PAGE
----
by Mrs. Anna T as posted at Ladies Against Feminism and from her own blog Domestic Felicity – Courtship for the fatherless generation: how to get on the right track?
Interesting thoughts on how to conduct courtship or if you even qualify to court if you have no father and you have a past.
Kelly, over at ‘Families against Feminism’, wrote a series of posts about courtship (no longer available). Kelly’s posts are always so interesting, and this subject touches my heart so deeply in particular, that I feel I simply must expand a bit about my experience.
What comes in your mind when you hear the word ‘courtship’? Personally, I immediately think of a sweet, pure young woman, blushing in excitement as her loving and protective father is having a man-to-man conversation with her courtier, behind closed doors. Then the young ones spend some time together, under the supervision and guidance of their parents, and prayerfully decide to get married. They have the incredibly beautiful gift of timid, innocent romance, of their first kiss – on their wedding day. The bliss! The many blessings God showered on this young couple!
This is, in my opinion, how things should be. This is what I want for my sons and daughters, if I’m blessed with children. But I know very well – painfully well – that in this generation, not every young woman will have this gift. And to you, dear friends, I’m writing this right now.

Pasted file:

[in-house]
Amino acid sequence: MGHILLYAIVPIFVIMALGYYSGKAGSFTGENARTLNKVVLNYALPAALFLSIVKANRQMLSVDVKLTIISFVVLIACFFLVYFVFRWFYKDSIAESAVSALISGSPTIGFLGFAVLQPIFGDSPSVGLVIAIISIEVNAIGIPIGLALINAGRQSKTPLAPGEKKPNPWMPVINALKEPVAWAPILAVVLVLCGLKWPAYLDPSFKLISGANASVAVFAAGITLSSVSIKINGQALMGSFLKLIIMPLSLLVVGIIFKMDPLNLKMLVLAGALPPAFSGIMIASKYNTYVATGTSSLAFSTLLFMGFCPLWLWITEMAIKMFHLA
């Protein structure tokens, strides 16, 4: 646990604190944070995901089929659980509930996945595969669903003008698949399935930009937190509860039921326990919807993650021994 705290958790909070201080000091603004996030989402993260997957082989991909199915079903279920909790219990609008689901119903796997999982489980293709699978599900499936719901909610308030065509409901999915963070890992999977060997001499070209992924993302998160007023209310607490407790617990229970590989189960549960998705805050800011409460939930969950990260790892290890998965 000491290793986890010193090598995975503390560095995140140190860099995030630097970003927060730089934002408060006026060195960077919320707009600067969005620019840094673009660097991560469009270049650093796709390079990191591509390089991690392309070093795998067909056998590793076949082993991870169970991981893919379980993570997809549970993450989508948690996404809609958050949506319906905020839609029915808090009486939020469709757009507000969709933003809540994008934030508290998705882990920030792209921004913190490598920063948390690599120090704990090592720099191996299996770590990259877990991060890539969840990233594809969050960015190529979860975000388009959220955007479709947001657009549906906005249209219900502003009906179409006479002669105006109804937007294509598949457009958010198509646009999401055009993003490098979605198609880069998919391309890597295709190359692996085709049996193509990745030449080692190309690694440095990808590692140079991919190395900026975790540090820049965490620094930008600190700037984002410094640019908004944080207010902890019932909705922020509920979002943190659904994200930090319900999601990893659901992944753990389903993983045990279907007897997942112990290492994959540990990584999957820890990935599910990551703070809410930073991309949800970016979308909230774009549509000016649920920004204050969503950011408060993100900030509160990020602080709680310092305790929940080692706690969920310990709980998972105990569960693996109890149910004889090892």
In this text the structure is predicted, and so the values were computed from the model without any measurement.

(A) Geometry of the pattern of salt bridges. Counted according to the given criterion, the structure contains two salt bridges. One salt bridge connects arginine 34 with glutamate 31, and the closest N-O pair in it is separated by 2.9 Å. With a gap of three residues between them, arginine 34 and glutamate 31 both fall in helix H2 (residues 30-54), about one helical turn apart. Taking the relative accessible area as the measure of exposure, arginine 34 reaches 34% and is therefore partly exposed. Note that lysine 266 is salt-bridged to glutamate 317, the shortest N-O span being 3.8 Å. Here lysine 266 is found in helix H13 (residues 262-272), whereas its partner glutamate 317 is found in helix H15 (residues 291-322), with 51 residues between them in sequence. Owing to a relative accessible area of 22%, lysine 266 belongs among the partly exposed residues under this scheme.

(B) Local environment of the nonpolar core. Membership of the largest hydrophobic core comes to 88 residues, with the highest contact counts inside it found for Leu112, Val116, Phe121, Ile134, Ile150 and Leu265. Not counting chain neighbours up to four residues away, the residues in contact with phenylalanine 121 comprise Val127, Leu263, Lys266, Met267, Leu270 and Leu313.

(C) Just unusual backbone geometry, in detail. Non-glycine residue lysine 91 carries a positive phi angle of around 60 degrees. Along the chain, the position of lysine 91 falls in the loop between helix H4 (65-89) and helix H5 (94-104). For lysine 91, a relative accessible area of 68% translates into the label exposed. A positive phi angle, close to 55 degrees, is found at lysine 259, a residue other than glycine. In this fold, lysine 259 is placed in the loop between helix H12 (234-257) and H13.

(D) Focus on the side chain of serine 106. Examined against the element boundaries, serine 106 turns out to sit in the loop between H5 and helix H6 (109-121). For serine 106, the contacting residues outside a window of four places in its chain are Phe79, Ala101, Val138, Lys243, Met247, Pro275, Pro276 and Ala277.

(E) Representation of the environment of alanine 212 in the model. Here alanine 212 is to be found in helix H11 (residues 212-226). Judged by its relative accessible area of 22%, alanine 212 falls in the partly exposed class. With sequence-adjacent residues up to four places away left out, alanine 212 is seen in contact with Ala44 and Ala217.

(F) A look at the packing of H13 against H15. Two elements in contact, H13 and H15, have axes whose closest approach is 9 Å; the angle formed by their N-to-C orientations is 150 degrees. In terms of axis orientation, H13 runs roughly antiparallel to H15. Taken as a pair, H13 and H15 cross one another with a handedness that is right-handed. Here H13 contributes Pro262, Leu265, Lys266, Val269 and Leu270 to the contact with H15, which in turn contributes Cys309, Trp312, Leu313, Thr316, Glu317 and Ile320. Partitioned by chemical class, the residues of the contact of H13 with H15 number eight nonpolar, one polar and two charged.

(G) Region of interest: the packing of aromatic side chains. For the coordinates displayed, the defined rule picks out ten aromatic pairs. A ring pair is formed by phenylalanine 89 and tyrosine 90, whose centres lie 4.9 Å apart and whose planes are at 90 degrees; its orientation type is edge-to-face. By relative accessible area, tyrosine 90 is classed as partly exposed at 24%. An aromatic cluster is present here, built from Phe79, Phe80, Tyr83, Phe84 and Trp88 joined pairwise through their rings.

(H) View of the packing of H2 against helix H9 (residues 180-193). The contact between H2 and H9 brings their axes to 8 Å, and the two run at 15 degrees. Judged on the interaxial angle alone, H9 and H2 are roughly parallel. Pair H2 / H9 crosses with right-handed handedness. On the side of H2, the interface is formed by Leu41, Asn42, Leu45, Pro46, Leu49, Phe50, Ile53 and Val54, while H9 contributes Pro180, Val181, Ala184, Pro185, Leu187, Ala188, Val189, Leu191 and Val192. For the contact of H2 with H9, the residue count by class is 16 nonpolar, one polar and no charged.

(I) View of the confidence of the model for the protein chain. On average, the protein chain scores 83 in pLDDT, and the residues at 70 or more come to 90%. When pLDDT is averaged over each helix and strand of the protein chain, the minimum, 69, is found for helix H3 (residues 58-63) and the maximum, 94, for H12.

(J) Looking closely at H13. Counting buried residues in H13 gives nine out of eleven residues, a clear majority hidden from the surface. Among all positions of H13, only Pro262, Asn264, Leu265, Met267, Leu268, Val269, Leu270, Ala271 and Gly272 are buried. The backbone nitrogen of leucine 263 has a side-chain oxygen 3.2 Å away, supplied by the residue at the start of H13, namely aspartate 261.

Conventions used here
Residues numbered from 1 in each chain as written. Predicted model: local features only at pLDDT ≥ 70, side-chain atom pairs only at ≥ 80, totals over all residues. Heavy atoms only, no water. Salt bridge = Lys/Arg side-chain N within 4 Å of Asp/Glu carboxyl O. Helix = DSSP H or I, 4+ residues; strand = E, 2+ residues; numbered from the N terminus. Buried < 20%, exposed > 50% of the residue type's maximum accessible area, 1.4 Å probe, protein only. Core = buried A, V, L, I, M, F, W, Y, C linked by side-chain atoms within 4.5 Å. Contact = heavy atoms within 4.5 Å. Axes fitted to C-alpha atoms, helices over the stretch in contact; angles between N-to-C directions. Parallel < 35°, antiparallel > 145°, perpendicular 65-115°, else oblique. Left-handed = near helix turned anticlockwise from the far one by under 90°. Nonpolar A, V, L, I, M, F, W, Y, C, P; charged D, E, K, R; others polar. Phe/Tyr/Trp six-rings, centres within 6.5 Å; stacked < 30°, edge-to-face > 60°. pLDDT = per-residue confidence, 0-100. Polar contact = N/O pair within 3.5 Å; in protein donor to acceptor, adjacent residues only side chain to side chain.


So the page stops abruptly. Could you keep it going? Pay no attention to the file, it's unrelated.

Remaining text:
You have suffered the consequences of our culture. Maybe, like me, you grew up without even knowing your father, without a proper example of a good, godly marriage, and without being taught anything about God’s plan for relationships between men and women. Most likely you already had painful dating experience; maybe you suffered abuse and neglect, or had to face the Peter Pan syndrome of men who ‘aren’t ready for commitment’ at 40. Maybe you even come from an abusive marriage, unsure you will ever be able to rebuild your life.
QUOTING QUIVERFULL is a regular feature of NLQ – we present the actual words of noted Quiverfull leaders or their followers/enforcers and ask our readers: What do you think? Agree? Disagree? This is the place to state your opinion. Please, let’s keep it respectful – but at the same time, we encourage readers to examine the ideas of Quiverfull honestly and thoughtfully.